Shareholder loans represent the balance of funds you have contributed to the corporation. Corporations allow shareholders to withdraw money via salary, dividends, management fees, and shareholder loans.

This article aims to illustrate the concept of shareholders loan in simple terms.

Understanding Shareholder Loan


There are several ways to withdraw money from a corporation. Each has its benefits and tax implications. If you are considering taking a shareholder loan, you must understand each factor.

Subsection 15(2) of the Canadian Income Tax Act outlines the guidelines for these shareholder loans. With shareholder loans, shareholders can borrow money from a corporation and pay it back later. Salary and dividend payments, which do not require repayment, differ from this withdrawal method.

Shareholder Loans: Who is eligible?

The following entities qualify for withdrawals from corporations under Section 15(2):

Corporation shareholders – Who own shares of the corporation. Canadian corporations and partnerships consisting entirely of Canadian corporations are excluded.

Connected to a corporation’s shareholders – Those connected to the shareholder, such as their spouse or another family member, are included in this category. Foreign affiliates of the corporation are excluded.

Partners or beneficiaries of trusts of corporation’s shareholder – Who are partners or trustees with the one who holds shares in a corporation.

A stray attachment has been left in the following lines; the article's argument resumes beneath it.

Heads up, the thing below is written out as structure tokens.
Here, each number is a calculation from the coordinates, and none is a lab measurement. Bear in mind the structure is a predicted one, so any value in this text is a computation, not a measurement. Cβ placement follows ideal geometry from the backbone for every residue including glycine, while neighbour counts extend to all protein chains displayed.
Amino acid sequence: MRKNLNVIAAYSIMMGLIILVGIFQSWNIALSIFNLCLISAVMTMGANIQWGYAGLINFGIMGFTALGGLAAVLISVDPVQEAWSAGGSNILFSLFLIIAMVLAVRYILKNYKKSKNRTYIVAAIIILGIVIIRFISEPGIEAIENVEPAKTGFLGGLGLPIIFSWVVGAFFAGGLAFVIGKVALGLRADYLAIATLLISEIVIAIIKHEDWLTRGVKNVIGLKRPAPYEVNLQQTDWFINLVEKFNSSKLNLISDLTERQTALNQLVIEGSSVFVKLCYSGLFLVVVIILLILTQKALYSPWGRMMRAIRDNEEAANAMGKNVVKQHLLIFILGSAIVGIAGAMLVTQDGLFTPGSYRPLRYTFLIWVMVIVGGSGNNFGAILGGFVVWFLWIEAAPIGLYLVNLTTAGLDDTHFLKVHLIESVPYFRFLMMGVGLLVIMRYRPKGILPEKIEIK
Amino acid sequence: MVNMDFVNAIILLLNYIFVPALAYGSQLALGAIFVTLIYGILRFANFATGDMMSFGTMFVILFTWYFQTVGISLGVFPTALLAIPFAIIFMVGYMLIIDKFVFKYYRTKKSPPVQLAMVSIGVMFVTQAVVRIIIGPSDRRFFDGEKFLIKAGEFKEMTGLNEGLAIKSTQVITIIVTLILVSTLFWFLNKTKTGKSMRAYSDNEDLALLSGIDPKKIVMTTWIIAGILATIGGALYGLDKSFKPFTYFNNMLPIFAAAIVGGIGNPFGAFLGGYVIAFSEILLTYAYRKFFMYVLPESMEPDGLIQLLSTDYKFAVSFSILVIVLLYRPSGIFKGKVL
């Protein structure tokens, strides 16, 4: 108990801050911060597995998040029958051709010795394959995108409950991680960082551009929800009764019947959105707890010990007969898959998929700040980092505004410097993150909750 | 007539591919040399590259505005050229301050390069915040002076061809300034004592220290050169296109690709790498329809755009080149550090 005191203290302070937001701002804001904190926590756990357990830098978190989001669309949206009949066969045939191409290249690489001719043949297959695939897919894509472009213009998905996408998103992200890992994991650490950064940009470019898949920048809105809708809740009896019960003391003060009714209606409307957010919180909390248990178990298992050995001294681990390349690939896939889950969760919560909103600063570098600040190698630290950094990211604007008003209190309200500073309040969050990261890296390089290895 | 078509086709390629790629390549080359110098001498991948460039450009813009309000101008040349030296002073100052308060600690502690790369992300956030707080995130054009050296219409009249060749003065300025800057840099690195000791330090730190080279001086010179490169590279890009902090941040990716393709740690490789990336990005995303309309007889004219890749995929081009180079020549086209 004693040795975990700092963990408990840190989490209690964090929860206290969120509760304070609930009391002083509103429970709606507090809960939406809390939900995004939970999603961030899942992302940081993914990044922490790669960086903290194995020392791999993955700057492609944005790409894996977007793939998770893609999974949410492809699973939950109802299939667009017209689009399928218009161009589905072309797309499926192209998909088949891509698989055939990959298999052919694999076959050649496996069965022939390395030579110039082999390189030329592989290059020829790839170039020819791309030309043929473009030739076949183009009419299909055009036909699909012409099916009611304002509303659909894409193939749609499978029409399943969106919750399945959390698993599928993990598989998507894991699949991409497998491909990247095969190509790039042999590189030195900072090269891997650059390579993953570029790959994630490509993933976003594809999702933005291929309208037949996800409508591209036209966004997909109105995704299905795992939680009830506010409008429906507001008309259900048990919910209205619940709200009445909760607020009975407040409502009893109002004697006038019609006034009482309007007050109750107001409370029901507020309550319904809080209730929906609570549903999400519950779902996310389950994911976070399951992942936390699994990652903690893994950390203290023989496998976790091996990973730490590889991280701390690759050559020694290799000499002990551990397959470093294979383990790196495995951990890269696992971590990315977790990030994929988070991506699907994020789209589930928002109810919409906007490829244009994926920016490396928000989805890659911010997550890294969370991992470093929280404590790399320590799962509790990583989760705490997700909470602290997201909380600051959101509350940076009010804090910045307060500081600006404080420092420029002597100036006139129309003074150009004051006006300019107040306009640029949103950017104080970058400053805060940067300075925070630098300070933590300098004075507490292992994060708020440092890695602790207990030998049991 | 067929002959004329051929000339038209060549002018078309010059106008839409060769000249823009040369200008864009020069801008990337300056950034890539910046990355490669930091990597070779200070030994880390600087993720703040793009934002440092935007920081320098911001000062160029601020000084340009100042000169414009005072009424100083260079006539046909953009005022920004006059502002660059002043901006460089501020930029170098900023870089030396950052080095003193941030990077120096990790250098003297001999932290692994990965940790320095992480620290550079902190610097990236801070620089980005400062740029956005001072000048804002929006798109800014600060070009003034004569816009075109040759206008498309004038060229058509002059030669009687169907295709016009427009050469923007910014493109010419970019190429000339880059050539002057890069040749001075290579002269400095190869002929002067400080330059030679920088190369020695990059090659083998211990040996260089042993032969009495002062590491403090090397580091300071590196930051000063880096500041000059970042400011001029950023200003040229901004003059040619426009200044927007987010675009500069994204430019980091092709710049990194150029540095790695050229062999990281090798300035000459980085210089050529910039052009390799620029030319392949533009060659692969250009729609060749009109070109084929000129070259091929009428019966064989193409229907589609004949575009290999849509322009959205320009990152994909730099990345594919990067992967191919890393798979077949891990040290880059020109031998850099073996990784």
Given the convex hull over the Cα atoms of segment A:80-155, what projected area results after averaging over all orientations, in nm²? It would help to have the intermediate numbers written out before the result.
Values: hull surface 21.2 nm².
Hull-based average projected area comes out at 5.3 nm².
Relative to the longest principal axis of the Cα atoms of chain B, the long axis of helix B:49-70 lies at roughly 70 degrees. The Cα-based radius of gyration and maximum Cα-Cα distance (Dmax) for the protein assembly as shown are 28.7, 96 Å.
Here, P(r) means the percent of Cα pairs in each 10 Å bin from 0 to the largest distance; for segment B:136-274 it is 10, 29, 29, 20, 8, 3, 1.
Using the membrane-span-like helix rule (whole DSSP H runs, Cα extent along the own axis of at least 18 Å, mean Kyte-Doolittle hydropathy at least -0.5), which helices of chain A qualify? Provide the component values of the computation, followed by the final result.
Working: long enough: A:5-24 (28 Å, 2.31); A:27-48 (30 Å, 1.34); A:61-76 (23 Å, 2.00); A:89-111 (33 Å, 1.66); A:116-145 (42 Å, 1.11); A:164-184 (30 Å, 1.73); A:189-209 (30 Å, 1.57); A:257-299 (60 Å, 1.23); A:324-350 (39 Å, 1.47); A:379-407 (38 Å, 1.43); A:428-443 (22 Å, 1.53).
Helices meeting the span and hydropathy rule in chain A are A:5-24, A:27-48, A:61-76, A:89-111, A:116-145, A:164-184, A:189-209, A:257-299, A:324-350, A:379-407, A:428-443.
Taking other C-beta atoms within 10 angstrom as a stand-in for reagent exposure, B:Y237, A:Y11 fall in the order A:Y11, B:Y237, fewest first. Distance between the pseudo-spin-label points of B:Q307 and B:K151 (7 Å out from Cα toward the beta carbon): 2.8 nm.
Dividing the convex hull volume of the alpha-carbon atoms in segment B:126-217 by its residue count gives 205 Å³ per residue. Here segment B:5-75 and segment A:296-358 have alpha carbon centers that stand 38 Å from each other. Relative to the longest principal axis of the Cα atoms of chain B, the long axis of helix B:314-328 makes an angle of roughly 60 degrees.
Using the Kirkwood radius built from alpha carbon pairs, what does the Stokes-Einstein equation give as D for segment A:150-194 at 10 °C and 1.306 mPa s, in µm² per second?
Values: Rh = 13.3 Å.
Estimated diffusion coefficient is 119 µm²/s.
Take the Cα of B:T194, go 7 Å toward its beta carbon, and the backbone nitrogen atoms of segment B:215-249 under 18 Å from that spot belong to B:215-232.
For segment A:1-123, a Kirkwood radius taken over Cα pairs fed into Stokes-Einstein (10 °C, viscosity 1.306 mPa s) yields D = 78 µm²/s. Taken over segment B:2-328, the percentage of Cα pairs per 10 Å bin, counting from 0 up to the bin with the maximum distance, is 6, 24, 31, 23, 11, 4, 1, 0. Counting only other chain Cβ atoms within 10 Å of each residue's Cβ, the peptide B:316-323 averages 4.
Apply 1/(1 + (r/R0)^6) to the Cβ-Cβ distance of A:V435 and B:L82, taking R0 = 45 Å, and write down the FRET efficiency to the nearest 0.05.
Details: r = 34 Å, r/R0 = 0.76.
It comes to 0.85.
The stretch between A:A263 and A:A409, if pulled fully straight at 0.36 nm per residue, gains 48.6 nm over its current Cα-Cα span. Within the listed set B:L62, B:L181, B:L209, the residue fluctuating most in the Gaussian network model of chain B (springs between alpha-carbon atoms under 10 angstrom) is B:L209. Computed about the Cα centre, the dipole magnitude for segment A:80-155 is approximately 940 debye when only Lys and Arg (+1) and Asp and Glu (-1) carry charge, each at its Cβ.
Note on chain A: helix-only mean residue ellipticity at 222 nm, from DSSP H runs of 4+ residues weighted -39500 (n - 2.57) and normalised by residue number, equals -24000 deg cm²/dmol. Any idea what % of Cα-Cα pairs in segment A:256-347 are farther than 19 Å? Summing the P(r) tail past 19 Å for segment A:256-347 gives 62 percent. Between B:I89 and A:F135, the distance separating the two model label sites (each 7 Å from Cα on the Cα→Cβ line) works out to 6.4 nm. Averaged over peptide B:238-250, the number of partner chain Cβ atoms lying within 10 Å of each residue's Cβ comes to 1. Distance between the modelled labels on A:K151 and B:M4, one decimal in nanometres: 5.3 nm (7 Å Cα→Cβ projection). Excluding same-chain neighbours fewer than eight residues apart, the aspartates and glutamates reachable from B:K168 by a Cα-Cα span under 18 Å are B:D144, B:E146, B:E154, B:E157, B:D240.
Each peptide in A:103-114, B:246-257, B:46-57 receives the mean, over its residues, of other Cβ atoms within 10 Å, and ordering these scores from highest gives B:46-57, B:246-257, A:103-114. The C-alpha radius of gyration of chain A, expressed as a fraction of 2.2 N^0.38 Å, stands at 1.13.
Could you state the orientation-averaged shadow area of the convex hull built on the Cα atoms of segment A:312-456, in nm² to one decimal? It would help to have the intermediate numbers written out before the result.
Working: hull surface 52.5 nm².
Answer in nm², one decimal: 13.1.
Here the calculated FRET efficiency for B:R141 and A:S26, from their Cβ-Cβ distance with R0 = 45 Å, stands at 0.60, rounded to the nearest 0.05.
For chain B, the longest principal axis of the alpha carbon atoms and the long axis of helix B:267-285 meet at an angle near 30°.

Exemptions From Income Inclusion


In Subsection 15(2), many exemptions would allow people to avoid claiming the loans as income. Among these exemptions are the following:

Purchase of a dwelling – According to section 15(2.4b), employee shareholders, their spouses, or common-law partners may take out a loan to purchase a dwelling or stock in a cooperative housing corporation to occupy one of the company-owned apartments.

Employee shareholders – According to subsection 15(2.4a), shareholders who are employees of the company may take a loan for any reason without the loan amount affecting their taxable income.

Stock purchase – By paragraph 15(2.4c), employees may use the loan to purchase additional company stock.

The future tax benefits of shareholder loans


A shareholder loan can be used to reap other tax benefits if leveraged strategically in addition to being tax-free. Your taxable income will be reduced if you make payments on a past-due loan during that year. Paying back the loan later can reduce your tax liability at a greater rate if you expect an increase in taxes.

A student, for instance, takes a shareholder loan to cover living expenses while attending university. The income he receives from his part-time jobs is limited because he is still a student. If his marginal tax rate is low, he can choose not to repay the loan and pay the tax. Once he has graduated and secured a higher-paying job, he could pay off the loan. Since loan payments are tax deductible, tax savings would exceed the original tax amount.

Are you looking for expert help?

Taking out a shareholder loan can be daunting, so let WTC help. We provide comprehensive bookkeeping, payroll, and tax services to businesses and individuals throughout Canada. With our help, you’ll be able to make confident financial decisions.